Hereditary Disease Decision Making: A Game Theoretic Model
Genetic diseases affect around 200,000 people in the United States (Cleveland Clinic, 2021). These are the result of mutations passed down through families leaving a history of disease by inheritance. Several genetic testing kits have become popular in recent years, and have led to positive outcomes for those affected by specific conditions which can be identified and treated before becoming more problematic later in life (e.g. BRCA). However, the decision about whether or not to take a test is not always clear-cut due to financial and psychological implications. For this reason, I have created a model that aids in the decision-making process for someone considering a genetic test. My analysis assumes that patients start with an initial belief about harboring a genetic mutation based on their family history of the disease. As patients receive results for genetic tests, this belief changes. Besides the initial belief, the two other inputs into this analysis are test accuracies and insurance thresholds1. At each given test accuracy and insurance threshold, some patients will opt to take the genetic test, and some will not, depending on their initial beliefs. There is a breakpoint2 in initial beliefs in which the optimal choice switches from not taking the test to taking the test. As tests become more accurate, patients will become more confident in future health problems arising and more willing to pay for preventive procedures regardless of whether their health insurance will reimburse the costs. These dynamics are captured in the model discussed below.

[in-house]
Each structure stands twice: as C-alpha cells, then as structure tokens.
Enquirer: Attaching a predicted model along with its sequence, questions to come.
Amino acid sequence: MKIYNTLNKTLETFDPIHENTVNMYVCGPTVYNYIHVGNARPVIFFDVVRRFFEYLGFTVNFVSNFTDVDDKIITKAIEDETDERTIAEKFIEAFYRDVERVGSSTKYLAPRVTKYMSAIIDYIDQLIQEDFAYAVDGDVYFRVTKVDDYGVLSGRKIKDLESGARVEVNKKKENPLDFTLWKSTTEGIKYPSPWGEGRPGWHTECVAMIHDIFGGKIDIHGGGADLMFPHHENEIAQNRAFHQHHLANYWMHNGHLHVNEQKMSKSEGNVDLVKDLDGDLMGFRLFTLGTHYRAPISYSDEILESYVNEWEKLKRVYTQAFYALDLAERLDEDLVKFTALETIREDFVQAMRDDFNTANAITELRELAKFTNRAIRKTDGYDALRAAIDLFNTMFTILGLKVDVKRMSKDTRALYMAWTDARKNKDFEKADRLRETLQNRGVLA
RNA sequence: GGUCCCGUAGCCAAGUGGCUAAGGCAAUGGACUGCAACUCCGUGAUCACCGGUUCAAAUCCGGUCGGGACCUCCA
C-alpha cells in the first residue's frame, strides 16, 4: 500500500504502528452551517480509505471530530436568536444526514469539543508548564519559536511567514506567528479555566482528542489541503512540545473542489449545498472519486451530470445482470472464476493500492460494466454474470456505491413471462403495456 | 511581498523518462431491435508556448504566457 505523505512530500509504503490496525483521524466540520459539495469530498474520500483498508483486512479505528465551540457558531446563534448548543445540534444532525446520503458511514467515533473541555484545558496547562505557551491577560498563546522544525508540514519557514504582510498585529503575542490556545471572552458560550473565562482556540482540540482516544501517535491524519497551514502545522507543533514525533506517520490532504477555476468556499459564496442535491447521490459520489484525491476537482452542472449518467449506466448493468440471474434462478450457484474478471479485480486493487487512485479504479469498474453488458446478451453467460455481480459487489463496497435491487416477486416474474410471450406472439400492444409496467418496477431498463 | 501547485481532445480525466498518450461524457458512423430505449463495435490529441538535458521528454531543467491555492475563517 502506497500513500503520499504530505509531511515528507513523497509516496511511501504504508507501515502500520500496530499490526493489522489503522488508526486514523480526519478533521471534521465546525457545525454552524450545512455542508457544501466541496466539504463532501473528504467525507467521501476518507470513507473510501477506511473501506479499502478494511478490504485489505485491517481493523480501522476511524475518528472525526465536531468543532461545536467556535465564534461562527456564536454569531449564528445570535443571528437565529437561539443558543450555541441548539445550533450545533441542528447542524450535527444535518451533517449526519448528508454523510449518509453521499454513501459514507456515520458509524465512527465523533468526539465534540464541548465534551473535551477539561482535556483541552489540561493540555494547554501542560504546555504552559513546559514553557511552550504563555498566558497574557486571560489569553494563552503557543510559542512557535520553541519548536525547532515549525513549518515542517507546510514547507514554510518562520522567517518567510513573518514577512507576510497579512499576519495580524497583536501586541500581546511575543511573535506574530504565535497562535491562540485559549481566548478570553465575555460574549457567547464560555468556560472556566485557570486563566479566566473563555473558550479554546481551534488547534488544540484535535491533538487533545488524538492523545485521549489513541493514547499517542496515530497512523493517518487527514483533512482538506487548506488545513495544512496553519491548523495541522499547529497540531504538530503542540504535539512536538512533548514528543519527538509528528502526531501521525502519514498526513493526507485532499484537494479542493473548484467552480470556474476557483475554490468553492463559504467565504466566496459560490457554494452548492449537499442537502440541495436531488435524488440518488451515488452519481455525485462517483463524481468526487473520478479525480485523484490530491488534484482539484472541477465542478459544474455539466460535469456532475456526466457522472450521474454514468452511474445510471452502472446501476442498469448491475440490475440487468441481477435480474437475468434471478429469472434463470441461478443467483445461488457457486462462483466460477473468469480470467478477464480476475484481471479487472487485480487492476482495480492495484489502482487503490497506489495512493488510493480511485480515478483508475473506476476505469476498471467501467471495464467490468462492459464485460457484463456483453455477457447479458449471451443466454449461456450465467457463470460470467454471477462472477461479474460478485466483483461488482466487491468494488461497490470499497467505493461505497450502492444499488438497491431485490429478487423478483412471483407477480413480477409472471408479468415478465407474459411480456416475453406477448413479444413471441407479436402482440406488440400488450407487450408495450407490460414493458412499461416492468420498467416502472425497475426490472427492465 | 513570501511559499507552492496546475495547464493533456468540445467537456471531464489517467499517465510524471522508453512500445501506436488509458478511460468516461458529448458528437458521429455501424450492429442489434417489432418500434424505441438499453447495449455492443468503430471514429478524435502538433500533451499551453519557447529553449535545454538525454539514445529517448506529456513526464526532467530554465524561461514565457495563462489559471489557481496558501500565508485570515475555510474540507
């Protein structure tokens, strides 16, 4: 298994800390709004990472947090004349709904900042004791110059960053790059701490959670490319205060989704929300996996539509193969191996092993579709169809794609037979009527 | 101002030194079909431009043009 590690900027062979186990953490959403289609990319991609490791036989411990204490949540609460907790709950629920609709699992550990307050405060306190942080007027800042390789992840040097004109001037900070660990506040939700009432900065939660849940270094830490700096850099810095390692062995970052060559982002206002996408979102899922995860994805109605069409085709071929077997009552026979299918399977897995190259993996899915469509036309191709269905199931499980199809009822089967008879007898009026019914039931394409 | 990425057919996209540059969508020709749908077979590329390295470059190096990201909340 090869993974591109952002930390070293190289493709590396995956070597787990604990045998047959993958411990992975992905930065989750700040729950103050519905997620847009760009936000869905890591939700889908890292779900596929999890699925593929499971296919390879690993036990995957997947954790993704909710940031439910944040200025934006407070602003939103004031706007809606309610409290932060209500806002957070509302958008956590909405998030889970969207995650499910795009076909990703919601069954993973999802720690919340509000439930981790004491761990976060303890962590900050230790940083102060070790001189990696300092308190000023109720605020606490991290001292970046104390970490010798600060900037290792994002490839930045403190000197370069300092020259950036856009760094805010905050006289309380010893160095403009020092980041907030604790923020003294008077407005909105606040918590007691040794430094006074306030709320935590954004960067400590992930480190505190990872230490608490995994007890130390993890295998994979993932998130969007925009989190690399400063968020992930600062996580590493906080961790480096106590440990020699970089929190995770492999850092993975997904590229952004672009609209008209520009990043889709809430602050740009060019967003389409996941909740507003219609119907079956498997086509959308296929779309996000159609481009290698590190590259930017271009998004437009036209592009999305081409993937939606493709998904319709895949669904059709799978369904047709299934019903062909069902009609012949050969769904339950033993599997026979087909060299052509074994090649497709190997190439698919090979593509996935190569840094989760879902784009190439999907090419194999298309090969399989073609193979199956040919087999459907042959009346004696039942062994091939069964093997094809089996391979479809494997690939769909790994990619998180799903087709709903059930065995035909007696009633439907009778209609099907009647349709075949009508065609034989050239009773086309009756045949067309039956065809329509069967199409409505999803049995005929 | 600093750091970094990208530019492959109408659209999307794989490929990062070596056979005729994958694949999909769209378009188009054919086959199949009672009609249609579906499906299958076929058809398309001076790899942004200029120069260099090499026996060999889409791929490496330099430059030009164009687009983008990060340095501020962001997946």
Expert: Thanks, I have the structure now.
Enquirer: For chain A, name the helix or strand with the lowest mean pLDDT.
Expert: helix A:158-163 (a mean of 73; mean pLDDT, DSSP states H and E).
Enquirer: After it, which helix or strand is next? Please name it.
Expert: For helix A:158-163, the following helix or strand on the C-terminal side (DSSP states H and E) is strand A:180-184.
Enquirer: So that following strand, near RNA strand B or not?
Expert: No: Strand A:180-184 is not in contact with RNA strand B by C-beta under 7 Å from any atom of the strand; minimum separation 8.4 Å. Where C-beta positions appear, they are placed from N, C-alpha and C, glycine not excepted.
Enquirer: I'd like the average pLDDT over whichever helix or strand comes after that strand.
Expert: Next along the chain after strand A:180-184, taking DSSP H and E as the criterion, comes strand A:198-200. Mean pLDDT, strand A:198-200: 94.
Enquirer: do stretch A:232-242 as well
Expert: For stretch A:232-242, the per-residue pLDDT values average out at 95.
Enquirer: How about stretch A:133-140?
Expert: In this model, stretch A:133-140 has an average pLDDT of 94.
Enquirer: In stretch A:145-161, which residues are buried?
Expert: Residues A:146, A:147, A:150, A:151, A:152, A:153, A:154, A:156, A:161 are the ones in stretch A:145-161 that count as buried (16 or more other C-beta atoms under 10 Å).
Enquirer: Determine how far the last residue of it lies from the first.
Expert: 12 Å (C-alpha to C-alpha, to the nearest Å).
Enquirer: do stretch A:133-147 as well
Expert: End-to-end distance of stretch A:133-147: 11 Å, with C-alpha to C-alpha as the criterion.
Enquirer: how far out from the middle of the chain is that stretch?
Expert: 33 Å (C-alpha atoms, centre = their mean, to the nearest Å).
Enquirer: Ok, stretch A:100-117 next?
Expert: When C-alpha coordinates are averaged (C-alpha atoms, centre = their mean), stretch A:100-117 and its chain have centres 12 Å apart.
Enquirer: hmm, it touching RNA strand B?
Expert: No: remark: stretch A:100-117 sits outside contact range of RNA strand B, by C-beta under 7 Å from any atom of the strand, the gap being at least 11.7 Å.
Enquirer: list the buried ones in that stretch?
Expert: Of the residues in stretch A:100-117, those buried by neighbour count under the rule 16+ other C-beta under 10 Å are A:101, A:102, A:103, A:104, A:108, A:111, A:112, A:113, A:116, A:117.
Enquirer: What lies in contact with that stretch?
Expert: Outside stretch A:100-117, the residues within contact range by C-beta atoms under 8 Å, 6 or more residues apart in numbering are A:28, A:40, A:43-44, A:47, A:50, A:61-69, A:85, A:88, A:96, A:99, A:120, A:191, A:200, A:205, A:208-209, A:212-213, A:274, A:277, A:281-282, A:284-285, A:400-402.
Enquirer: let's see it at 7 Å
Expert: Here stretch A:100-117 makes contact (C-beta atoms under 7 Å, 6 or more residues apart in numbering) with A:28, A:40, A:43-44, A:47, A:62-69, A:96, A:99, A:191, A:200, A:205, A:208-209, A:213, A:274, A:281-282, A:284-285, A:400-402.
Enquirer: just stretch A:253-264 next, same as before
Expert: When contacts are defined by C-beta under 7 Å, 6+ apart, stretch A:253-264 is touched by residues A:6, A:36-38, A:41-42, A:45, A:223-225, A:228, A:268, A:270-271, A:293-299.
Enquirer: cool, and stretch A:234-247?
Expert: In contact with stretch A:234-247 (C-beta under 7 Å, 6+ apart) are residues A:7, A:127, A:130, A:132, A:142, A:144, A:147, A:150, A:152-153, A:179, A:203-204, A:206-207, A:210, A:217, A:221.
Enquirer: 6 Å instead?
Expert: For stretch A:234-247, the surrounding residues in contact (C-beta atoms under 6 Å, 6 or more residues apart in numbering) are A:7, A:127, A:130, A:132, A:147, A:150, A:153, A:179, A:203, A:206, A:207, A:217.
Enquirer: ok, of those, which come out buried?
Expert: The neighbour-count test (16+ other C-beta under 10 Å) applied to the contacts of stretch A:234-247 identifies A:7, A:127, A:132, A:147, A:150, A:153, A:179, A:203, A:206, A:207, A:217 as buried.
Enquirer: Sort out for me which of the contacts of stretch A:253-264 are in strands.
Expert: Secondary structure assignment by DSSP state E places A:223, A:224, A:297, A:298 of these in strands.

A research paper showing a model that can be used to consider decisions regarding genetic testing.
My mentor was very helpful in guiding me through what needed to be done and informing me how and what I should try to accomplish each session, but leaving me to myself enough that I learned in my own time and did a lot of work on my own.